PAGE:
There will be a close up of each worked example with notes,

You will observe that the drawing above omits the collection of old machinery on the right. This is a pencil test exercise, not an artwork!   However, I have included a few dark posts in the foreground and moved the top of the roof up a fraction to break the skyline …..   just to keep my compositional eye happy.

I am starting off with Caran d’Ache Luminance. These lightfast pencils with a high wax content have a soft touch and handle smoothly on the 300gsm hot pressed surface.

The colours used in this pencil test were as follows...

  • White 001
  • Permanent Red 061
  • Russet 065
  • Middle Cobalt Blue 660
  • Prussian Blue 159
  • Bismuth Yellow 810
  • Yellow Ochre 04

The building

I start with several light layers of permanent red to the roof, then adding a layer of russet and some Prussian blue to the edges to darken for shadow. I apply white to the shadowed wall (the lighter wall is left the white of the paper) and then lightly work some cobalt blue into the white. It needs a second layer of white to even it out as some lines still show even though I have worked with a very light touch.

With a very sharp point I complete the wheel over the door, and apply Prussian blue to the door edges to enable me to get a dark shadow when the red goes on top.

To complete the door, I work Permanent red over the door in three thin layers working across each other to keep the strokes even. I then burnish the red with the white pencil which presses the colour into the paper, and finally work a top layer of the light red back over the door surface. This gives an even and strong red finish.

The green areas

I now go to look at the green areas, and start with the foreground grass as I need to get a measure over how the green will develop from the colours I am using. I work light layers alternately of the Prussian blue and the Yellow ochre keeping the shading from being regular.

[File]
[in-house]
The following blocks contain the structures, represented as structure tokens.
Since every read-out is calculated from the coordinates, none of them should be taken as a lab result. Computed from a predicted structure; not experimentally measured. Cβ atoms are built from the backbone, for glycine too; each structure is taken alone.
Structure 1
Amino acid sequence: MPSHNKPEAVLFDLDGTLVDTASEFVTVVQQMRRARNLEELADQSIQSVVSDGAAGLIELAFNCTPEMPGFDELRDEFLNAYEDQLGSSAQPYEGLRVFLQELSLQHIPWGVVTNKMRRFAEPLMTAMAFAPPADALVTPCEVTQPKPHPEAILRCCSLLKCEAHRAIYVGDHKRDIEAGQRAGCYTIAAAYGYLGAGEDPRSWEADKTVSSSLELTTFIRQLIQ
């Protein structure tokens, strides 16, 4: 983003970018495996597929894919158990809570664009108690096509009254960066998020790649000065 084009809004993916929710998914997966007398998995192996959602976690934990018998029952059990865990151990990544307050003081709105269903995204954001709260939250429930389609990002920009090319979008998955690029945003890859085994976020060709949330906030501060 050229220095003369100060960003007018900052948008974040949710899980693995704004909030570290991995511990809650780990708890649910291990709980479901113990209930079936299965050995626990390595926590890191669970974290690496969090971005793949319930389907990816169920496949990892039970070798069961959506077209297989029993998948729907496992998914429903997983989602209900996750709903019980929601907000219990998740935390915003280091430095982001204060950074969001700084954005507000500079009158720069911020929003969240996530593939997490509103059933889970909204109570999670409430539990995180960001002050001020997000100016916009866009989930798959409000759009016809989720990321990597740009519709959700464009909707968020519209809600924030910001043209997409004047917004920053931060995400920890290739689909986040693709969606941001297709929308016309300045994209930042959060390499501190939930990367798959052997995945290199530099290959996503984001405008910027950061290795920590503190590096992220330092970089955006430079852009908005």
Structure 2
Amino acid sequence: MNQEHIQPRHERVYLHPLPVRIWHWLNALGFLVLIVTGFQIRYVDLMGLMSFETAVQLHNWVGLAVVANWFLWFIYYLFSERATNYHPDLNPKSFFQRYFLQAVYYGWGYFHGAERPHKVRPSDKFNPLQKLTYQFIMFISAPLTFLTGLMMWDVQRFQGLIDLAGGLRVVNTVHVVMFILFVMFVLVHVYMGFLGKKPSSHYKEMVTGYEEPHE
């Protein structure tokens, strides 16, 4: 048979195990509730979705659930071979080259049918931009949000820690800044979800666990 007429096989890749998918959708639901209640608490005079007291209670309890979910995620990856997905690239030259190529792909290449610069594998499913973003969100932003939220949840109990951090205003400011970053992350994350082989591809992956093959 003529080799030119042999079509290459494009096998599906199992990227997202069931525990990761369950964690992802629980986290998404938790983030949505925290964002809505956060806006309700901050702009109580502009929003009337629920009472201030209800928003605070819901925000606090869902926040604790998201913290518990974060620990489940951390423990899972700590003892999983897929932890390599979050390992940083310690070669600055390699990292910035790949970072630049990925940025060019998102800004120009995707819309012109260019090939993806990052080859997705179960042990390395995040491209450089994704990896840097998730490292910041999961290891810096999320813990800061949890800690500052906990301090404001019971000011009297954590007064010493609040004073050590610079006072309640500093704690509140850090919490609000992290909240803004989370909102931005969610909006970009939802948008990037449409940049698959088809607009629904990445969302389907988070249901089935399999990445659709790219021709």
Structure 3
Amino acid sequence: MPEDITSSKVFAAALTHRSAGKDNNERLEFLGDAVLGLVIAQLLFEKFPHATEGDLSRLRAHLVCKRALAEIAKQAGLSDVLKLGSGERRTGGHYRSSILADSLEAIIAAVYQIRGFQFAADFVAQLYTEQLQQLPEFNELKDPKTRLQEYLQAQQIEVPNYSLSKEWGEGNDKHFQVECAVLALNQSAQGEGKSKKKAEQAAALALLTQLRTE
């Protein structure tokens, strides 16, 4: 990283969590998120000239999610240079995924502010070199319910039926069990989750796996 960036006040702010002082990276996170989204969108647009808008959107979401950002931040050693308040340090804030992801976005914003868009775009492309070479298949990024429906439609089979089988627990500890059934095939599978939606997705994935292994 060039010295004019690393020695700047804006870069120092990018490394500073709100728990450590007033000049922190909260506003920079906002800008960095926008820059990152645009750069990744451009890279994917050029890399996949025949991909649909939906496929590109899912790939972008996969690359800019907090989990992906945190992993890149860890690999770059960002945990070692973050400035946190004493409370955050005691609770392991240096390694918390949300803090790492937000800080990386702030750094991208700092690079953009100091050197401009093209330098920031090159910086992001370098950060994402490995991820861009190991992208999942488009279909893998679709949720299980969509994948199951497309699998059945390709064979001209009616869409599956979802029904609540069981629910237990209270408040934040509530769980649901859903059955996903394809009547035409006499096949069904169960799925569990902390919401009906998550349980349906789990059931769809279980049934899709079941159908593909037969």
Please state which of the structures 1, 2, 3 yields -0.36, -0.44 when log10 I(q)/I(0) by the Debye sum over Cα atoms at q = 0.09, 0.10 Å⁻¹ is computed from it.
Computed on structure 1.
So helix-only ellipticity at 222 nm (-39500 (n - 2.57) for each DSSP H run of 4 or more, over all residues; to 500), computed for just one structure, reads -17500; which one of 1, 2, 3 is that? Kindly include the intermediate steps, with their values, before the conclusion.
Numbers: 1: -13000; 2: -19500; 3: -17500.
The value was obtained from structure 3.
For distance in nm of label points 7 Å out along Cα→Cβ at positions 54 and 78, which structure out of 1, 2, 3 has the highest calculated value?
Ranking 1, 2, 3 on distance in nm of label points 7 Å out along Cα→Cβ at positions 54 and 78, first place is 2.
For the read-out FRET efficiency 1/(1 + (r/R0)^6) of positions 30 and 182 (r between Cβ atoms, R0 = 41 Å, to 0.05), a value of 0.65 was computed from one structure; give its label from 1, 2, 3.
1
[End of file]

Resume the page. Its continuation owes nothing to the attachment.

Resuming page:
I leave the shadowed area beside the hut with little or none of the dark yellow so that it shows nearly blue. The left hand side of the grass in the image above shows this.

I continue to work very light layers over the whole foreground grass and then burnish with white (see middle section of grass). 

Finally I work back over the waxy surface with my dark blue and yellow again (see right hand side).

The posts

The posts are dark red over dark blue ( three layers ), The background hillside is mostly the lighter yellow and the lighter Cobalt blue. The water has a base of white to protect the paper surface and a thin layer of light blue with a further white layer over. Finally the road consists of light layers of a combination of all six colours worked in succession and is not burnished so that the grain of the paper still shows.


Luminance pencils are soft, waxy, well pigmented and are very ready to leave a mark on the paper.  Light layers of colour can be more difficult than with a harder pencil.  They layer well and also burnish and blend using a lighter shade of colour or white.

In my view, these pencils are best in a top layer of colour if there is a choice.  The lightfastness is comforting as you don’t need to worry about the stability of any of the colours.  A nice pencil and in my view worth the extra cost.  A good result.

Even though this test was never completed, I still thought it worth including the work I DID do on this page. I hope it proves of use to you.